unable to compel the live attendance of Woolwine, who lives in Idaho, whose story differs from
Bovards, who has expressed reluctance to cooperate, and who (like Bovard) would testify, if at
all, by video deposition. As for these two key non-party witnesses, then, this factor is a wash.
See Reid-Walen v. Hansen, 933 F.2d 1390, 1397 (8th Cir. 1991) (In whichever forum the case is
tried, witnesses will have to travel or testify by deposition. If the suit is brought in the U.S., the
parties will not have compulsory process over any J amaican witnesses. By the same token, if the
suit is brought in J amaica, the parties will lack compulsory process over American witnesses.).
c. Cost of Obtaining Attendance of Willing Witnesses
This factor weighs slightly against dismissal. Willing witnesses identified by Plaintiffs
include Fletcher, Bartlow, and art experts based in Chicago. Doc. 48 at 40-42. Willing
witnesses identified by Doig include the Dontzin Defendants and VeneKlasen, who are based in
New York, and Doig, who is based in Trinidad. Doig does not dispute that, with respect to the
Dontzin Defendants and VeneKlasen, it is cheaper to fly from New York City to Chicago than
to either Thunder Bay or Toronto. Doc. 48 at 41; see also Doc. 48-3 at 21 (comparing a $188
flight from New York City to Chicago, to a $334 flight from New York City to Toronto, or a
$597 flight from New York City to Thunder Bay); Doc. 56 at 29. If the case were tried in
Ontario, it would be costly for Bartlow and the Chicago-based art experts to travel to Canada.
Doc. 48-3 at 18-19, 21. Because it would be slightly more expensive to obtain the attendance
of willing witnesses if the case were dismissed and refiled in Ontario, this factor weighs slightly
in favor of staying in Illinois.
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d. Viewing the Premises and Other Practical Problems
The parties do not dispute that the fourth private interest factor, viewing the premises, has
no application here. As for all other practical problems that make trial of a case easy,
expeditious and inexpensive, Stroitelstvo Bulgaria Ltd., 589 F.3d at 425 (internal quotation
marks omitted), Doig merely rehashes his argument that it may be inconvenient to obtain
information from Canadian institutions through letters rogatory. Doc. 34-1 at 25. The court has
already found that this consideration at best weighs only slightly in favor of dismissal.
Overall, then, the private interest factors are essentially neutral.
2. Public Interest Factors

The first public interest factor, court congestion, is neutral. As of J une 2014, the median
time from filing a civil case to trial in the Northern District of Illinois was 35.4 months. See
Federal Court Management Statistics, www.uscourts.gov/Statistics/FederalCourtManagement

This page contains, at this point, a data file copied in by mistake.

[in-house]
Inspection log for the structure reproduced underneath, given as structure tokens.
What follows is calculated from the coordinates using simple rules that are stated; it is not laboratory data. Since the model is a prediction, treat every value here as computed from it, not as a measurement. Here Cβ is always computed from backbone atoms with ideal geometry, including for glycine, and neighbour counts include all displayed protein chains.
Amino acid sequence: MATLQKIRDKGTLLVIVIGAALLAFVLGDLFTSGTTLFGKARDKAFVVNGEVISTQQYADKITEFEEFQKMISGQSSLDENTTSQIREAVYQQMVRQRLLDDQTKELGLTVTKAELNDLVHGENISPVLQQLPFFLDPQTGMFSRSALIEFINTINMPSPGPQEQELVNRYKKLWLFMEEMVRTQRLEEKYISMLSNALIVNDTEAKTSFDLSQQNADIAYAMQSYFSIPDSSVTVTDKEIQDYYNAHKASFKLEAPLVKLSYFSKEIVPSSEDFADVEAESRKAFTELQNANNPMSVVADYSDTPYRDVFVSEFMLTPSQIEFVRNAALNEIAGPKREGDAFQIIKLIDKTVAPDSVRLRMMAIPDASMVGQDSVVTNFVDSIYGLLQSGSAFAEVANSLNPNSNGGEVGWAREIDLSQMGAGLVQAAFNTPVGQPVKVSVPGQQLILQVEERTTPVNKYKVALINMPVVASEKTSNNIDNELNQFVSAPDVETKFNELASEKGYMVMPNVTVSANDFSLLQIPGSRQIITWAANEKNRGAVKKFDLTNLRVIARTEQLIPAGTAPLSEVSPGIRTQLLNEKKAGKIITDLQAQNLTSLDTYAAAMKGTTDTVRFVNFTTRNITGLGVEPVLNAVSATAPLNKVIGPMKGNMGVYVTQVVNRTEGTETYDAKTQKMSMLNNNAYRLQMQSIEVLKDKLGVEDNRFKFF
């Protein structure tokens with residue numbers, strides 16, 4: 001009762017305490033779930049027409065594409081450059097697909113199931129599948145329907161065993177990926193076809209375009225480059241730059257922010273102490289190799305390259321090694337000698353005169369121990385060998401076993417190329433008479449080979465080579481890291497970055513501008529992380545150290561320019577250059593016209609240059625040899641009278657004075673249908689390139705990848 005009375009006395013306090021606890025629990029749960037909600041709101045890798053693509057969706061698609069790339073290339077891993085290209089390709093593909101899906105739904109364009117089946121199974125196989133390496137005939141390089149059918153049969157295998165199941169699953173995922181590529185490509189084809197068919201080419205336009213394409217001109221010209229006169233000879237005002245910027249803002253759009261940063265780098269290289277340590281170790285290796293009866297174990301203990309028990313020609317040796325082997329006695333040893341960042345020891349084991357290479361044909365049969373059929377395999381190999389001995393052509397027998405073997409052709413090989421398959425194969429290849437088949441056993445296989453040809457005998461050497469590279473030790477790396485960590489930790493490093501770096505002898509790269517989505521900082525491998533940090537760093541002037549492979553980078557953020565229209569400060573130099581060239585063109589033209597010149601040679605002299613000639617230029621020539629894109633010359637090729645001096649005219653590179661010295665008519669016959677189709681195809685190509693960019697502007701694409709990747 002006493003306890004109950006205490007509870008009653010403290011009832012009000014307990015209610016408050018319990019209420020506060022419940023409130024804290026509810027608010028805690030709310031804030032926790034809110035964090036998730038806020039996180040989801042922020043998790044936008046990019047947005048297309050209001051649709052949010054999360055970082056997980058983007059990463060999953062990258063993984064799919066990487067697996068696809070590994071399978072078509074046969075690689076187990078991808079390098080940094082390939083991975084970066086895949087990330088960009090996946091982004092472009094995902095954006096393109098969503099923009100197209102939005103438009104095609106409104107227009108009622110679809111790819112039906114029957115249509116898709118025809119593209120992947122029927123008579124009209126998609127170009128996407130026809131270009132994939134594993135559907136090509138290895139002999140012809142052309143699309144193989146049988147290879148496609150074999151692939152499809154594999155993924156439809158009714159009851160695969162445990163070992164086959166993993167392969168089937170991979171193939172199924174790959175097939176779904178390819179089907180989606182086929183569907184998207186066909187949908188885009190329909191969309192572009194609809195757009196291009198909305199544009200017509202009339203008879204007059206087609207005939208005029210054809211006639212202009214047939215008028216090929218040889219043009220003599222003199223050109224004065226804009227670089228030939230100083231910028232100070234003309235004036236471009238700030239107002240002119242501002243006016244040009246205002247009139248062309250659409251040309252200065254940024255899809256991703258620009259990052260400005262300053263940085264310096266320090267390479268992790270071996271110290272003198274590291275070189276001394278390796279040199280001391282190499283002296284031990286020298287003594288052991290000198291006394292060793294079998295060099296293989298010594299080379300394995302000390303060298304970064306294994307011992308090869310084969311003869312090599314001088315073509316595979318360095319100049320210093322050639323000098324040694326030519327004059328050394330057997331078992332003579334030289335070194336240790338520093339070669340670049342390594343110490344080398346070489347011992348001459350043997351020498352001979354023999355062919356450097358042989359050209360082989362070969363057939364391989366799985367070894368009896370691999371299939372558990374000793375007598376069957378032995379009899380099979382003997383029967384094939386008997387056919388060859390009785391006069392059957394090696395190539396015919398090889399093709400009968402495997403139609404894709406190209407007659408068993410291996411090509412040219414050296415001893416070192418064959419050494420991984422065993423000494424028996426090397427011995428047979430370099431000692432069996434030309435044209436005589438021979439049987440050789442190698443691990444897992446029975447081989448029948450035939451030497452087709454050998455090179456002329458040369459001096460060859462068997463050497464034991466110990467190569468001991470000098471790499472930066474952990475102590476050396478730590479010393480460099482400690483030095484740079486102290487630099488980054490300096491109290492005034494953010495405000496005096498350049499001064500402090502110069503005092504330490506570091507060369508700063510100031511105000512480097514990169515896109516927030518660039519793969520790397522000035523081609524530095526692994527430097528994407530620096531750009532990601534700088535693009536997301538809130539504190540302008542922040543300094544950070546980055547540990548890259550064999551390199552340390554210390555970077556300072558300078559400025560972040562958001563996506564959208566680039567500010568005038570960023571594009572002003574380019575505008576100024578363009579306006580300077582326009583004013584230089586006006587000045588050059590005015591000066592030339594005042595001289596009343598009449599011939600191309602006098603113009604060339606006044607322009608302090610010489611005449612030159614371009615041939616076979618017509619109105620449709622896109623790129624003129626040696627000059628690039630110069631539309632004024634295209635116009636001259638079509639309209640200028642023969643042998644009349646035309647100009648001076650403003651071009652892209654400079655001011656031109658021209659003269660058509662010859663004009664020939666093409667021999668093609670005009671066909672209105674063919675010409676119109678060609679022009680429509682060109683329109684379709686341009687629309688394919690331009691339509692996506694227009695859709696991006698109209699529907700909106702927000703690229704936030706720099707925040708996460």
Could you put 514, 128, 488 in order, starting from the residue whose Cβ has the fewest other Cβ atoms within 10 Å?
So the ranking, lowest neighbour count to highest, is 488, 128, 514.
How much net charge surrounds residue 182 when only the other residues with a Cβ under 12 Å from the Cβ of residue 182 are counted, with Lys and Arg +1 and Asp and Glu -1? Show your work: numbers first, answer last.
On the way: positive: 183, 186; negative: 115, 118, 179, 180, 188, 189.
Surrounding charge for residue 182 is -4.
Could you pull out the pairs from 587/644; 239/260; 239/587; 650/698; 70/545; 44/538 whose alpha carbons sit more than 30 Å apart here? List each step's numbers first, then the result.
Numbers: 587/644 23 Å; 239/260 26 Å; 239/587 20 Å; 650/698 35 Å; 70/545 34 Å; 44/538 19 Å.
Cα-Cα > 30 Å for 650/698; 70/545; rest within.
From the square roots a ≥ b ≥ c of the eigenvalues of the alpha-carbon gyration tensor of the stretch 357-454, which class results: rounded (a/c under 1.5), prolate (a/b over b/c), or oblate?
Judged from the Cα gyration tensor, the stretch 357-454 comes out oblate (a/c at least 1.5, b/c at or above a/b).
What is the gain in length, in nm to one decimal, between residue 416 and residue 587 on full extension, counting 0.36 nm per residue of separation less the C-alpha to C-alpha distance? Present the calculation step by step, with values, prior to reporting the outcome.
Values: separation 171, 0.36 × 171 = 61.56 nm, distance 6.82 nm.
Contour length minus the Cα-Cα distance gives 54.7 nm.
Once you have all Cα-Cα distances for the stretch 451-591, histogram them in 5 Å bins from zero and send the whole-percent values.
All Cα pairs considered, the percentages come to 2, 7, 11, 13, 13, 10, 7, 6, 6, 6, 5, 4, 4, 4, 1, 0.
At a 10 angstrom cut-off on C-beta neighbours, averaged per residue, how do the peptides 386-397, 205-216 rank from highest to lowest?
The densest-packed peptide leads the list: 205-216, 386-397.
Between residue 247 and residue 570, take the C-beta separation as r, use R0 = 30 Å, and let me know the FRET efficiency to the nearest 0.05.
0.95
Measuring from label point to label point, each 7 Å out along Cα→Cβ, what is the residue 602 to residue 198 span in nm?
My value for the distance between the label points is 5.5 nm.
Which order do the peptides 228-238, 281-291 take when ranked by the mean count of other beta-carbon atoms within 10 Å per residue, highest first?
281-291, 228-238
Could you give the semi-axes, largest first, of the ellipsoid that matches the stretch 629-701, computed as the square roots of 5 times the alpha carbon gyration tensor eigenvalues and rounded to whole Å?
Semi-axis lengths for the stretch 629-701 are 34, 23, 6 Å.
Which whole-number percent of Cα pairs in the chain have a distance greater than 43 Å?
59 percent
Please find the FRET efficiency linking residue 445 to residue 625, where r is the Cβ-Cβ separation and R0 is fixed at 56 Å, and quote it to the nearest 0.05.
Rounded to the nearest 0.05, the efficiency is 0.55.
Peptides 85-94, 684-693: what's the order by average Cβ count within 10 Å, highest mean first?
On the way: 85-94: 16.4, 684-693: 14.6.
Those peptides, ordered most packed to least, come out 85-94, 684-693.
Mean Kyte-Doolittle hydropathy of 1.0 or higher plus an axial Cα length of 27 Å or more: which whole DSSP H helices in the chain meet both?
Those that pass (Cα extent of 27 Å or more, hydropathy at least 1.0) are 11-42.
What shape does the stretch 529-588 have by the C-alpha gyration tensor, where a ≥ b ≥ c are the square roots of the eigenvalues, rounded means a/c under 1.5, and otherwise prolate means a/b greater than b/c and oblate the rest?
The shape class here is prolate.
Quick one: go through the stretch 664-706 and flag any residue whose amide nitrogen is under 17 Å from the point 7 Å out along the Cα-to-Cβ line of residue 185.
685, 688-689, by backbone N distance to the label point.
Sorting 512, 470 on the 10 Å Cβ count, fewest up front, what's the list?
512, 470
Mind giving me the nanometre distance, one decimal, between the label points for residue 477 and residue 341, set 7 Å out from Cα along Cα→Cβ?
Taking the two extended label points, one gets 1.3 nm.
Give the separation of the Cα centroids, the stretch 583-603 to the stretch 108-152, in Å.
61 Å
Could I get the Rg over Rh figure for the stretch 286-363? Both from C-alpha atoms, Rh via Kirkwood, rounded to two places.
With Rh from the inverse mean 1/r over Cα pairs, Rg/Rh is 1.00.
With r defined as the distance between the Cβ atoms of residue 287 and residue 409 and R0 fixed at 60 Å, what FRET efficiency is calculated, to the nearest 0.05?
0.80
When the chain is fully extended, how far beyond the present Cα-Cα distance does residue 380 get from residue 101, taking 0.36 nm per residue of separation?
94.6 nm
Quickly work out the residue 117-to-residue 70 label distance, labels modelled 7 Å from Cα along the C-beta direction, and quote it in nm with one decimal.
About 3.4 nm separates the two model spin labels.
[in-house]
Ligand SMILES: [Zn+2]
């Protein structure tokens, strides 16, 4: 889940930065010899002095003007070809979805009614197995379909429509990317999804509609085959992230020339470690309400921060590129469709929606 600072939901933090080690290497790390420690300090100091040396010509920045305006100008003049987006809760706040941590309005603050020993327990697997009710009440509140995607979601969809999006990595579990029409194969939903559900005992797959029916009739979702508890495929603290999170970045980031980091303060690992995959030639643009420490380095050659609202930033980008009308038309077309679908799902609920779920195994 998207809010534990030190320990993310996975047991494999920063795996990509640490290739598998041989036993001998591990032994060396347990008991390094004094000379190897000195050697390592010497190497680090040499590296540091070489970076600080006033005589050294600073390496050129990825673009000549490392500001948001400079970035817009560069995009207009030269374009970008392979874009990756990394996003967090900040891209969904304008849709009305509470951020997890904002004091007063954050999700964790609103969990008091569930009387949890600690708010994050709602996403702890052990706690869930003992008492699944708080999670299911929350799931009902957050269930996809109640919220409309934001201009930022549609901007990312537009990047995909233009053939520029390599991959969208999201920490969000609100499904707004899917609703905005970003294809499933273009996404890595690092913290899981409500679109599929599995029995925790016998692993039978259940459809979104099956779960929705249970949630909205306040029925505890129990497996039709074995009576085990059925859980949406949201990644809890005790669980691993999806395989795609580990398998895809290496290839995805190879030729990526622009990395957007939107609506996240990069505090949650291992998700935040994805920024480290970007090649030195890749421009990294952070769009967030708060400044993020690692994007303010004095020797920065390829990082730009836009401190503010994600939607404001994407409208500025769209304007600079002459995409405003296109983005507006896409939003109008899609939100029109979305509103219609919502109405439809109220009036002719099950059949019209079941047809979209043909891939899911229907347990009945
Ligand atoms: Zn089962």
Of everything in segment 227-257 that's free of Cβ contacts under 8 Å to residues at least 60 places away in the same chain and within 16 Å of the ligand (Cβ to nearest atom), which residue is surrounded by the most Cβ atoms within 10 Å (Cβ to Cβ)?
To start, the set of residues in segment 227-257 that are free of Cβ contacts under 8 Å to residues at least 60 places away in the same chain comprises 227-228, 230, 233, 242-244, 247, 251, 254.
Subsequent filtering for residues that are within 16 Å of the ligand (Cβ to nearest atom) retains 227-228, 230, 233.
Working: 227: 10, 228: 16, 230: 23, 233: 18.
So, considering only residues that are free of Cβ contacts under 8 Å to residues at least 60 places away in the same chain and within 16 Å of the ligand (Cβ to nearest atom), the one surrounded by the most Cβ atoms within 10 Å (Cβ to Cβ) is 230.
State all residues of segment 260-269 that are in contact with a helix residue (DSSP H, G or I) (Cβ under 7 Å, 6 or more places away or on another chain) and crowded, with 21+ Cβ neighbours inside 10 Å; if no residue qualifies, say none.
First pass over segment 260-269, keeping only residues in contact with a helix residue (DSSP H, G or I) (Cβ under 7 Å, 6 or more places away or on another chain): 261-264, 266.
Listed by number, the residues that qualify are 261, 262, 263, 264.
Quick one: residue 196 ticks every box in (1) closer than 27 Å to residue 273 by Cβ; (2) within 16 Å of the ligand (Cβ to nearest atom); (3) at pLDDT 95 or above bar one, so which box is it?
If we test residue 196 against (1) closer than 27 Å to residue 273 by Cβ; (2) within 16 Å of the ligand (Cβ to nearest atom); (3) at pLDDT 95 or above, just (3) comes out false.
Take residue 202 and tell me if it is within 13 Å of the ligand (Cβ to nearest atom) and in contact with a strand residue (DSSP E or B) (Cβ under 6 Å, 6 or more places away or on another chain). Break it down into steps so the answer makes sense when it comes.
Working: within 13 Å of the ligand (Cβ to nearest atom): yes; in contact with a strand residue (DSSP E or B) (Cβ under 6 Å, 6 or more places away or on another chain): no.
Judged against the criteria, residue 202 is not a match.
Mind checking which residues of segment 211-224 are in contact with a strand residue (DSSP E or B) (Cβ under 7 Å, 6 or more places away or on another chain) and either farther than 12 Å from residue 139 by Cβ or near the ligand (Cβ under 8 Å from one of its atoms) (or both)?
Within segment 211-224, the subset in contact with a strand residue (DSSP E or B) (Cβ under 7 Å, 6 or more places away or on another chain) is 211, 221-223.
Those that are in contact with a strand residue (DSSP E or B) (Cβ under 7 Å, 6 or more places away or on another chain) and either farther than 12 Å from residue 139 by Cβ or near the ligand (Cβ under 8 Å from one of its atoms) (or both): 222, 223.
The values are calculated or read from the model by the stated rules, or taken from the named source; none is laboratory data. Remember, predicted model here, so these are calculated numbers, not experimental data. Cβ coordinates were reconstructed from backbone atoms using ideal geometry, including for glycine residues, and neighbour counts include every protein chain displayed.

Statistics.aspx, then click on District Courts, then select Illinois Northern (last viewed
September 26, 2014). The Toronto lawyer avers that in Ontario, in most cases, it would take at
least nine (9) months, but more commonly two years or more from the time a claim is
commenced [in Ontario] before a matter proceeds to trial. Doc. 34-3 at 25. As Plaintiffs
correctly note, [t]he general time intervals that Mr. Capern provides is open-ended, such that
there is no actual comparison to be made for purpose of assessing relative court congestion.
Doc. 48 at 43. Without more information with which to make a comparison, this factor is
neutral. See Clerides, 534 F.3d at 630 (The court did not have sufficient evidence to enable it to
assess the congestion of the courts in Greece or Cyprus, but, given that the current median time
to trial in the Northern District of Illinois is twenty-four months, the judge reasonably concluded
that, at best, this factor would be neutral.).
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The second public interest factor, the local interest in having localized disputes decided
at home, is neutral, as both Illinois and Canada have an interest in resolving this dispute locally.
As noted above, Illinois has such an interest because it is the site of the alleged injury and where
Bartlow Gallery conducts business. See Tamburo, 601 F.3d at 709 (Illinois has a strong interest
in providing a forum for its residents and local businesses to seek redress for tort injuries
suffered within the state and inflicted by out-of-state actors.). Canada also has an interest in
resolving the dispute, as Fletcher is a citizen of Canada, and the case may turn on whether
another Canadian citizen, Peter Edward Doige, authored the Work.
Doig concedes that the remaining public interest factors do not significantly impact
the analysis, Doc. 34-1 at 26, and thus the court need not consider them. On balance, the
private and public interest factors are neutral and do not weigh in favor of dismissal. And even if
the private interest factors slightly favored dismissal, that would be insufficient for a forum non
conveniens dismissal. See Clerides, 534 F.3d at 628 (As a general rule, a plaintiffs choice of